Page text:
TenOverSix in downtown Dallas, photographed by Jonathan Zizzo


Headington Cos. Acquires TenOverSix and Removes Taylor Tomasi Hill

TenOverSix co-founder Kristen Cole will serve over TenOverSix and Forty Five Ten.

If you’ve ever tried to reference Forty Five Ten, and accidentally found yourself mentioning TenOverSix — or vice versa — you’re not alone. It happens sometimes! Those number names are hard. Remember when Forty Five Ten’s TTH used to be Five & Ten? What a time!

All of this number talk is to say that if you’ve ever second guessed yourself when it comes to referencing the bold, black-painted downtown Dallas department store or the newly Miami-based concept store just across the street, you’re about to be even more justified in doing so. (Although you were totally justified already — those number names, man.)

In another big move since Tim Headington acquired Forty Five Ten in 2014, Headington Companies has purchased TenOverSix, and appointed Kristen Cole, who co-founded the store with her husband Joe Cole in Los Angeles in 2008, as the president and chief creative officer for both Forty Five Ten and TenOverSix. It’s a move that consolidates the leadership team of the ever-growing Forty Five Ten footprint (a 16,000-square-foot Manhattan store was announced earlier this month) and will give Forty Five Ten a bit of a presence in Miami, where Cole will oversee the opening of a new TenOverSix flagship store later this month.

A press release also references “additional brick-and-mortar locations” and “a robust digital transformation” for both stores, which likely means more of a focus on e-commerce. (TenOverSix currently has an e-commerce site, but nothing can be purchased on Forty Five Ten’s site as of now.)

Tomasi Hill in TTH, photo by Samantha Jane

Our biggest question in all of this is what will happen to the aforementioned TTH, named after former Forty Five Ten vice president and creative director Taylor Tomasi Hill. A rep from Forty Five Ten and TenOverSix confirmed that the crimson-haired street style star and former Teen Vogue fashion editor, as well as the TTH brand, are no longer affiliated with Forty Five Ten. It’s unclear what this means for the future of the Highland Park Village concept shop (the TTH page on Forty Five Ten’s site is currently down), which showcased emerging designers aimed at a slightly more youthful shopper (Fallon chokers and distressed GRLFRND jeans were store fixtures), but we’ll keep you apprised of any news.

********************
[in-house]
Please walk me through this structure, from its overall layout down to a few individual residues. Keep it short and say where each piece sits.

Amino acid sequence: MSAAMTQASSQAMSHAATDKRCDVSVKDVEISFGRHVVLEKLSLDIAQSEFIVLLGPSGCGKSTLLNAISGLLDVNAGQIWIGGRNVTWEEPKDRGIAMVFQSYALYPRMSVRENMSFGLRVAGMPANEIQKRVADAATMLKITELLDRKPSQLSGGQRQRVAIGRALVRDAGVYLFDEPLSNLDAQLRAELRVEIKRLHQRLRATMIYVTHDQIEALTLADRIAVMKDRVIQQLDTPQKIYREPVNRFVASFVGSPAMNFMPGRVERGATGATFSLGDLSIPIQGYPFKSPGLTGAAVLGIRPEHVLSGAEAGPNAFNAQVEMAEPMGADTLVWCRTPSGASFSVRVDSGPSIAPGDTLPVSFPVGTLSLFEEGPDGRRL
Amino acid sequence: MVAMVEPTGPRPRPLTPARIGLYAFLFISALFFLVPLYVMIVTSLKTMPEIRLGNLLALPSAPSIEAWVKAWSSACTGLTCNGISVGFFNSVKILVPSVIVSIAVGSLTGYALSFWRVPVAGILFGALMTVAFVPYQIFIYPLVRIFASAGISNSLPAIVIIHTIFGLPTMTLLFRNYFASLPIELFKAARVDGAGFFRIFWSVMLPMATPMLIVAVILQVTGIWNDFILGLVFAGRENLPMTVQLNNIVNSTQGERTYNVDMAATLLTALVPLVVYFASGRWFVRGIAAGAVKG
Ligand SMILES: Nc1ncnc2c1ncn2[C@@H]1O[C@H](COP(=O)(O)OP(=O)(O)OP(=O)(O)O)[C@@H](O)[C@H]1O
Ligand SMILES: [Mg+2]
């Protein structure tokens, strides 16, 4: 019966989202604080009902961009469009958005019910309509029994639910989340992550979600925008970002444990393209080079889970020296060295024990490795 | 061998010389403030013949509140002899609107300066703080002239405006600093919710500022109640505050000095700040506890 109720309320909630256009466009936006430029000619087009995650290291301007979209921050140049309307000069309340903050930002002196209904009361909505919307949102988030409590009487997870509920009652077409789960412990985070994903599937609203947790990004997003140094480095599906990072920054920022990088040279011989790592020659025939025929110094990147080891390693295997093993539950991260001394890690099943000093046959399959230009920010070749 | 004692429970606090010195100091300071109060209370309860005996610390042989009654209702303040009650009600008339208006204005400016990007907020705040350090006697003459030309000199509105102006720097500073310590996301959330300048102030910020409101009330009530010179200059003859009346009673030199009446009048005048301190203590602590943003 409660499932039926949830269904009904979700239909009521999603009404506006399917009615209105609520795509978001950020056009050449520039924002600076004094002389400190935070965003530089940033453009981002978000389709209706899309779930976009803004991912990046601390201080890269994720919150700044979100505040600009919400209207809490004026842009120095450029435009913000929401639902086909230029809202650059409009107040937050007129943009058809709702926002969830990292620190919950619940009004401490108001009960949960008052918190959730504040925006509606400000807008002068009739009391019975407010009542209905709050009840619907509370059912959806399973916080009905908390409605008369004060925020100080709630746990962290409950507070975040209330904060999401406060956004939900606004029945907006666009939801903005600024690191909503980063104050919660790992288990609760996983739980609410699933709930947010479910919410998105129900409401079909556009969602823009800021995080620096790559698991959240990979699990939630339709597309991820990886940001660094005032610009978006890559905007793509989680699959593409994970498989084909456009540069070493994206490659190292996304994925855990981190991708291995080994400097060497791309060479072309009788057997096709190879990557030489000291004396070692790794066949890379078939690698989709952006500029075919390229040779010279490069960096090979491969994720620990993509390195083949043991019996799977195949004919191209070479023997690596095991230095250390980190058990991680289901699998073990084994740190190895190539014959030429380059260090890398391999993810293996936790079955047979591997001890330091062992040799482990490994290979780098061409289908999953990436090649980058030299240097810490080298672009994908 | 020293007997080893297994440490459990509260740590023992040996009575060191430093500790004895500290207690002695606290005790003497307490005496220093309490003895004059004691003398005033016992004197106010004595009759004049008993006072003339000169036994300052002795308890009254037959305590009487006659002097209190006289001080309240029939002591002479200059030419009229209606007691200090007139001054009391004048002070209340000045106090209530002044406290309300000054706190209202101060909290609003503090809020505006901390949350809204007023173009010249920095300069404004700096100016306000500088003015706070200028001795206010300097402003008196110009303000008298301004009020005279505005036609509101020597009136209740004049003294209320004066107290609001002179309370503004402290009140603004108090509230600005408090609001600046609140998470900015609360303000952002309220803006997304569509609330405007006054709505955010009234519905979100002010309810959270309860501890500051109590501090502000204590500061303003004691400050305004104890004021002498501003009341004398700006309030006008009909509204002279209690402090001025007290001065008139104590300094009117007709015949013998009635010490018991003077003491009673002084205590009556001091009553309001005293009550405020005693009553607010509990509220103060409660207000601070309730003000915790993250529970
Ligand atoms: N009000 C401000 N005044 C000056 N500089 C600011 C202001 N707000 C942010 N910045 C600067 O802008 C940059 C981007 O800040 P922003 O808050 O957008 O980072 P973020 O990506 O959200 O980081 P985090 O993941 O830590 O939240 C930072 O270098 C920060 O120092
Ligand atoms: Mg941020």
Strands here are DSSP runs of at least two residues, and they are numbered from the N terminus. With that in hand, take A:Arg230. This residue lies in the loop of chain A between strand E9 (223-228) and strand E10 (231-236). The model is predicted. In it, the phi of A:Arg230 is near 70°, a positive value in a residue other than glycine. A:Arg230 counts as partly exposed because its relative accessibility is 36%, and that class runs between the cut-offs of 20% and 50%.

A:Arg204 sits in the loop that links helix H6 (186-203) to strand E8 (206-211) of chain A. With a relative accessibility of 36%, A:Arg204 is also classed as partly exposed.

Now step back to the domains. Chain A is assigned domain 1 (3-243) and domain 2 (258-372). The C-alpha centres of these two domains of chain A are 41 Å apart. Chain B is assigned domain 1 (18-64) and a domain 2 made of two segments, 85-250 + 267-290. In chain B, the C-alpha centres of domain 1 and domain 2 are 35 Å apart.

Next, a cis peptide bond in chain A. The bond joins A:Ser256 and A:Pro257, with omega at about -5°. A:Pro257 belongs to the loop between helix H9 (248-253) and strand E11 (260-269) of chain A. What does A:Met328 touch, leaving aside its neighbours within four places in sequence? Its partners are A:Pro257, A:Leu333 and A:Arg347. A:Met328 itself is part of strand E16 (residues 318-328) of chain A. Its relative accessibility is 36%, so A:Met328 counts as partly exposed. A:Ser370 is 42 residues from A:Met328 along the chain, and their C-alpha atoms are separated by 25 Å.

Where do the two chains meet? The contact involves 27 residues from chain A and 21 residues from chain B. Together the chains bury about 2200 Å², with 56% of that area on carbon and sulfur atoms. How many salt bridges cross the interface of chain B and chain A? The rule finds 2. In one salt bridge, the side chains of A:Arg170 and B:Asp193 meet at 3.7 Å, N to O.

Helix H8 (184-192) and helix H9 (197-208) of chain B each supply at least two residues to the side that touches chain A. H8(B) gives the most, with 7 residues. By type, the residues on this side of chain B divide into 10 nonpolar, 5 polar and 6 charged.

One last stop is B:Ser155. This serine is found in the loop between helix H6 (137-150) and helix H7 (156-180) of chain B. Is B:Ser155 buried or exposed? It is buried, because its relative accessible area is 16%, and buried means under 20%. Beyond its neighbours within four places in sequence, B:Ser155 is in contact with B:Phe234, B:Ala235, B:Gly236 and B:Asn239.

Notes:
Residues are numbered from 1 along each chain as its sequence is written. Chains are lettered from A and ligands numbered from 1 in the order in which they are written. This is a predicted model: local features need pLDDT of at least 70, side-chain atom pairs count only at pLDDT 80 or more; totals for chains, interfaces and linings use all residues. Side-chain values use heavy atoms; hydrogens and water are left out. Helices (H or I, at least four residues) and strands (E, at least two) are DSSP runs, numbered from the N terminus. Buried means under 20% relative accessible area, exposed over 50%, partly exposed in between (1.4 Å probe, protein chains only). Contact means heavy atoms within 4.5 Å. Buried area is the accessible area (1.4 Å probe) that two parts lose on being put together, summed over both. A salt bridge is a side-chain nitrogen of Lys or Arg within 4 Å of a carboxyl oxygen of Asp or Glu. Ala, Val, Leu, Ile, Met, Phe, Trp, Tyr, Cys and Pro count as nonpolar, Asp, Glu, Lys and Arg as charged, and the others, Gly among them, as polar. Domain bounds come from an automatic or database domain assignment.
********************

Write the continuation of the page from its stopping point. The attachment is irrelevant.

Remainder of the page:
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  • RompingWillyBilly

    There was a time in the early eighties when Dallas retail wasn’t known as luxury, but typical high standard and very competitive Dallas retail. As women’s fashion powered the retail market, there still existed a local garment industry. During that time, the so-called luxury market wasn’t based in the area of NorthPark Center, Highland Park Village, Preston Center, or along the Miracle Mile (Inwood Village). It existed further in four malls three of them indoor and the other outdoor. In very close proximity to each other, they were the Dallas Galleria, Sakowitz Village, Prestonwood mall, and Valley View mall. In those malls were an incredible total of six luxury department stores!
    As this mostly outside luxury retail in Far North Dallas competed with the high competitive traditional retail of Dallas, a bloodbath resulted. Far North Dallas got its hat handed to it as a result. Five of the six luxury department stores in Far North Dallas no longer exist today. Neiman Marcus relocated from Prestonwood to what was planned to be a new luxury shopping center called Willow Bend Mall. Then Willow Bend got its hat handed to it.
    The point in all of this is that having a lot of luxury retail in Dallas isn’t a good thing. Having lots of that stuff signals that the local market has become weak. The garment industry has disappeared. As most products today are manufactured in communist China, the garment industry has relocated from the U.S. to factories in India that deploy slave labor.
    My question is, where is the prime beef today in Dallas retail? How can cheap products made in China and India be pieced together into quality products.

    • S. Holland Murphy

      Very interesting, RompingWillyBilly! I’d love to chat more with you. Email me at [email protected] or call – 214-523-5203.

      • RompingWillyBilly

        Thanks for being the first to be impressed with the point. There are very few cities on earth that, when every level of the industry is taken into account, can match the dynamic retail market of Dallas. I received some insight into just how dynamic it is reading what Brian Bolke had to say about the early eighties. He said Forty Five Ten today was intended to be a condensed version paying homage to all those shops that once lined up along Lovers Lane. Specifically, this is the little shopping district of the Miracle Mile located east of the Dallas Parkway in University Park. Yet, all that former glory has now moved on southwards to locate in Highland Park Village! While one of the most special retail pinnacles on earth has to be where a Neiman Marcus department store meets up with NorthPark Center, it would anchor Preston Center before then!
        As those six former luxury department stores in Far North Dallas have all either been demolished, remodeled, or relocated, the retail in central Dallas has since come roaring back to life!
        People in Dallas seem blind to this lightening in a bottle. Pound for pound, when it comes to retail, there is no place like Dallas.